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Re: DAML+RDFS: potentials for simplifications?

From: Wolfram Conen <conen@wonkituck.wi-inf.uni-essen.de>
Date: Thu, 29 Nov 2001 17:40:49 +0100 (MET)
Message-Id: <200111291640.RAA28180@wonkituck.wi-inf.uni-essen.de>
To: jbroeks@cs.vu.nl (Jeen Broekstra)
Cc: www-rdf-interest@w3.org
Interesting issue.

> I am also unsure whether this idea of flexible addition of
> expressivity is feasible at all. The problem to me seems to
> be that you need a starting point that is itself at least as
> expressive as the language that you are trying to "learn",
> which kind of defeats the purpose of the undertaking.

Hm, what exactly is the purpose of the undertaking?  
Let me point out a simple possibily: why don't we 
agree upon one (or a set of) "host formalism(s)" 
that gives us the expressivity required to develop
RDF vocabularies and RDF-based applications easily
and interchangably - perhaps taken out of the 
datalog (or Ur-datalog) family. With a minimal 
hardwired transformation (for example: from triple
to a 3-ary predicate), semantics of properties 
could then be defined "on the fly" (as needed
by the application-domain community developing it)
by giving a definition of the property embedded
into RDF in a suitable codification of axioms -- 
this can be done with embedded RuleML or 
RDF-encoding of rules a la McDermott, for 
example (or a XML-serialization of S-KIF
or whatever -- even alternatives in one document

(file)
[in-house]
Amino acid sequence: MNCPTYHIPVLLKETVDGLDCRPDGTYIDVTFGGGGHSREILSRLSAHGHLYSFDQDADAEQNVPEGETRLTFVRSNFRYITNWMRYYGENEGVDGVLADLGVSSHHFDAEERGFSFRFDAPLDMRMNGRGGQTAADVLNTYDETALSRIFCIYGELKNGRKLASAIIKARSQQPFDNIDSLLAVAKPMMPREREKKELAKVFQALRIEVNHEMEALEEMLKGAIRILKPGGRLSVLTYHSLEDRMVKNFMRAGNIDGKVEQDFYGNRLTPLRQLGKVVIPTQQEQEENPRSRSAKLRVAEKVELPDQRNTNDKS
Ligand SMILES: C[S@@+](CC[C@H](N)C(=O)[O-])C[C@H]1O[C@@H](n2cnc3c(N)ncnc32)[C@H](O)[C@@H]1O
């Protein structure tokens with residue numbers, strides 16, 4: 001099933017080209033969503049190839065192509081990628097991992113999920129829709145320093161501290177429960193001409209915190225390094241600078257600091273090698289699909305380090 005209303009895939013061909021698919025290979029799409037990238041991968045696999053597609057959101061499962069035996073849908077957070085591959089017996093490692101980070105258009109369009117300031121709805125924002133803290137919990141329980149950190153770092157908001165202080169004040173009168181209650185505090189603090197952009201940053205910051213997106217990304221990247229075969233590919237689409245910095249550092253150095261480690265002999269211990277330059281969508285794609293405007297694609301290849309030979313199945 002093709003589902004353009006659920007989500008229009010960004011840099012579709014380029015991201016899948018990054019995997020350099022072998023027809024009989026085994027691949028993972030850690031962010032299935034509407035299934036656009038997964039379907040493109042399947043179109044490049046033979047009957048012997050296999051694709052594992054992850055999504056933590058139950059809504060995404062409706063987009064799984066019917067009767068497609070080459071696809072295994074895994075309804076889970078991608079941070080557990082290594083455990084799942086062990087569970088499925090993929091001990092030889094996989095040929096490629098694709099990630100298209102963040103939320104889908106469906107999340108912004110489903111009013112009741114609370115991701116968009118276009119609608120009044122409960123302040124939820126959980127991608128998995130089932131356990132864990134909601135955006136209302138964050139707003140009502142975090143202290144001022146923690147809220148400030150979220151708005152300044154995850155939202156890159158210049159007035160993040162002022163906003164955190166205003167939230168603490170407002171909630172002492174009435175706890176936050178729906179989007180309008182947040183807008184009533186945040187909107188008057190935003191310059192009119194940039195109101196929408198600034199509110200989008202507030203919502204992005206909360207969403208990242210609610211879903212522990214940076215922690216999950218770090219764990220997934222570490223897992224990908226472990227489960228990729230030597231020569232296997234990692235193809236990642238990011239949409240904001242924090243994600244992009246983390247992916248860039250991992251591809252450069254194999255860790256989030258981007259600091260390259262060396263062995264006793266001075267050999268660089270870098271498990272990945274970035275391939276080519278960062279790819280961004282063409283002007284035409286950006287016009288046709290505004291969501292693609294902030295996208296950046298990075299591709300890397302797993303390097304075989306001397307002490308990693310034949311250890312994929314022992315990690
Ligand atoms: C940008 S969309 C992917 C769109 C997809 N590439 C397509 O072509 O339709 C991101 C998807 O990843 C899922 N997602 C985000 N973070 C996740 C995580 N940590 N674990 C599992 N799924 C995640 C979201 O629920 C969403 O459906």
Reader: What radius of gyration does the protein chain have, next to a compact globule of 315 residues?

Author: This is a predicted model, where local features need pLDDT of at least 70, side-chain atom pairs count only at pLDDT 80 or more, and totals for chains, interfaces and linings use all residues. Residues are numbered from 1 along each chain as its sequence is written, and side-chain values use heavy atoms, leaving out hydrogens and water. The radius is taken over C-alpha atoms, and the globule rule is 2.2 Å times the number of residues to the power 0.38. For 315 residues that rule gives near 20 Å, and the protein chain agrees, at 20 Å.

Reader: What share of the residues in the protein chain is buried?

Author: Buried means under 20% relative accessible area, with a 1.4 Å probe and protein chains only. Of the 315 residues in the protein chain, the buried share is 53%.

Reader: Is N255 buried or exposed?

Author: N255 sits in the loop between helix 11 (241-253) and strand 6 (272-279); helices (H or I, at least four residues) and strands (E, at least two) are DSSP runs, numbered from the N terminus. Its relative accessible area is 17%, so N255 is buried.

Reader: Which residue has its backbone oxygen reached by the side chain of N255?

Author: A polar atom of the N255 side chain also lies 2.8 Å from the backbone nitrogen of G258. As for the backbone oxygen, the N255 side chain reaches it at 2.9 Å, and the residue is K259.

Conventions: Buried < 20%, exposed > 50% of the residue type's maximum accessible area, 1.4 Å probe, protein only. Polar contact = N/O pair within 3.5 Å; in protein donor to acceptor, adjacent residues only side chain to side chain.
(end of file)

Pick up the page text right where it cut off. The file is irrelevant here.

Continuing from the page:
for different host formalism are possible). 
Then, we could start to develop semantically
-augmented RDF schemata based on sufficiently
expressive (though, admittedly potentially 
expensive) and well-known formalisms, we may
even run into undecidability problems once
in a while (depending on the chosen formalisms),
but we would have something that is easy to use
for a number of developers, and that can drive
the evolution of RDF vocabularies and applications. 
(We could later still decide to reduce the 
possibilities again if that should be necessary).
We can then use a mapping of DAML or RDFS to suitable
formalisms and schemata that are augmented accordingly
with axioms expressed in this formalism to restrict 
expressivity to some commonly agreed upon "language" --
but we can also easily add/change/augment semantics 
to application-specific needs, experiment with other
subset-languages of the chosen host formalism on the
fly, may even come to something as a competition of
vocabularies etc.

We can, of course, continue to reinvent the wheel of 
logic for RDF*/RDFS/RDF++ anew and keep the whole 
SemWeb-(r)evolution stalked a bit longer ;-) 


(*: Brief remark: If we do so, I am not sure if assuming
that RDF is not a convention to speak in subject/
predicate/object patterns (with the possibility to
interpret reification as a means to build nested 
structures etc.) but a logic language asserting 
instances of binary relations, is really helpful 
- but that's another topic).

PS: of course, embedding axioms in RDF and "interpreting" RDF/RDFS inside of
a host formalism, has been suggested earlier (Staab et al, Conen/Klapsing,
I can give precise references if needed, simply send me an email),
but I've never really seen a discussion of it. If I missed it, please, send
me a pointer. Thanks.
Received on Thursday, 29 November 2001 11:40:51 UTC

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